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26th December 2012
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In my experience there are a few reasons why track counts are so high: Allowing clips to overlap is a big thing, sfx and foley have tails that need to breathe so instead of putting two gunshots on the same track and crossfade, you want the tails to ring out so you put them on two tracks.

Depending on the budget of a film you may just cue every tiny thing on screen for foley/fx down to the flapping of a bird in the background that most likely won't even be heard in the mix. If you have a shot with 3 lead characters and 20 backgrounds, footstep tracks get pretty crazy.

Providing options is also a big reason for big track count. People who cut backgrounds/ambience for scenes can cut sometimes 7/8 or more clips PER shot. Not necessarily intended to be played all at once but it provides the mixer with choices (not to mention when the director says that he/she hates the birds, you need a backup clip for the BG)

FX editors are usually afforded the highest track count. I've seen fx editors have 100 tracks JUST for FX. Again, it's all about texture and layer and overlap.

In addition to this, sometimes for organizational reasons, the track count can get pretty wide. For example on bigger budgets you may have multiple FX editors, each handling specific things (doors only, car sounds, BG, guns, etc..) so each of them will cut on a specific set of tracks and when combined can include upwards of 100 tracks.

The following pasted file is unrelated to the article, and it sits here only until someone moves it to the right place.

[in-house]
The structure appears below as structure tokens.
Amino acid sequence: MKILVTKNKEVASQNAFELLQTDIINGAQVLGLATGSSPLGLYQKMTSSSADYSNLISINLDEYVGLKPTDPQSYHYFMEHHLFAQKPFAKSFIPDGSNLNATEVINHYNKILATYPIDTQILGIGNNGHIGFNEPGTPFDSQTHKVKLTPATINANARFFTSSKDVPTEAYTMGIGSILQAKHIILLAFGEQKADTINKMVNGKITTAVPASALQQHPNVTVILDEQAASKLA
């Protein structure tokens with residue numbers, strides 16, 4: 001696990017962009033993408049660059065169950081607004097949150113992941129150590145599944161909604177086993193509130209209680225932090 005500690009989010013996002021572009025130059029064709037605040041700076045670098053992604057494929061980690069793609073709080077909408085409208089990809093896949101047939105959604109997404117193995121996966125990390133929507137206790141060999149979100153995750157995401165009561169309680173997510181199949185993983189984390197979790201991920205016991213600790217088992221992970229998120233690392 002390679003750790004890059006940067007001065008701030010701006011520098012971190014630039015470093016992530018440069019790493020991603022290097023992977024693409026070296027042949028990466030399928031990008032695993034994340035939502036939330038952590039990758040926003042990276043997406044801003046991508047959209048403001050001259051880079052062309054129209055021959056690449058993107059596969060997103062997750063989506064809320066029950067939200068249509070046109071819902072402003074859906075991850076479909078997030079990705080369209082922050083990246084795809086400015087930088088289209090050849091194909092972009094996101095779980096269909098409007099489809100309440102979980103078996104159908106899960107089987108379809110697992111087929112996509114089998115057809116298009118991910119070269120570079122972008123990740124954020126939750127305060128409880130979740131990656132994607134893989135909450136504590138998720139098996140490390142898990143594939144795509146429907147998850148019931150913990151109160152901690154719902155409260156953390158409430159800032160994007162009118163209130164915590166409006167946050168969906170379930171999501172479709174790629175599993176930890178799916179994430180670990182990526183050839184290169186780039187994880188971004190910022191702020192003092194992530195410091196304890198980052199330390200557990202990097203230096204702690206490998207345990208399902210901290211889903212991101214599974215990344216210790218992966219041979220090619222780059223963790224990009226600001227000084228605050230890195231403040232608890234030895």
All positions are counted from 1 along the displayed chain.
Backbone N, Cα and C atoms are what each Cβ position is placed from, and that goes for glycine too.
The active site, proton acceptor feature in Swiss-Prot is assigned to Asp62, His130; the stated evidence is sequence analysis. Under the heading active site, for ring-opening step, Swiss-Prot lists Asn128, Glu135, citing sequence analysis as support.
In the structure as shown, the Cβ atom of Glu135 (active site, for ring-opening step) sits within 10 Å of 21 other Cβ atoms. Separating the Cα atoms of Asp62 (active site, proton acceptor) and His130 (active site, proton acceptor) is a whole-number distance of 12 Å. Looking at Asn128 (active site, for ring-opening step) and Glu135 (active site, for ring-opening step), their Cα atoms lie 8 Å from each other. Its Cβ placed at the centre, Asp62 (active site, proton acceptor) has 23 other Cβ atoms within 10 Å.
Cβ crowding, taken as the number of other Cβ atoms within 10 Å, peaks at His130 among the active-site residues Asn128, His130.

Finally, music can also get crazy if the music editor provides the mixer with splits/stems of the score. Again, this is for better control in the mix.

It's all about providing the most control in the mix. The more control you want, the more "separated" elements must be, the more tracks there are.
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27th December 2012
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awesome! thank you. so when you mention that "footstep tracks get pretty crazy" are you saying you have tracks that only serve footsteps? do you actually have separate footstep tracks for different locations/scenes? as of right now, ive just been throwing my fx on whatever track's available, one big mess...
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27th December 2012
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Tim P's tracklay on Warriors way for a detailed over the shoulder of a true pro:
http://www.musicofsound.co.nz/blog/s...e-warriors-way

Another good thread on tracklay:
Sorting Audio in Tracklaying

And Purcells book on dialogue editing has lots of great examples as does the old Yewdall text. Yes - I'm actually suggesting you read a book on the topic rather than simply asking questions on forums or watching youtube videos. Remarkable, I know. Optimistic, yes.
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27th December 2012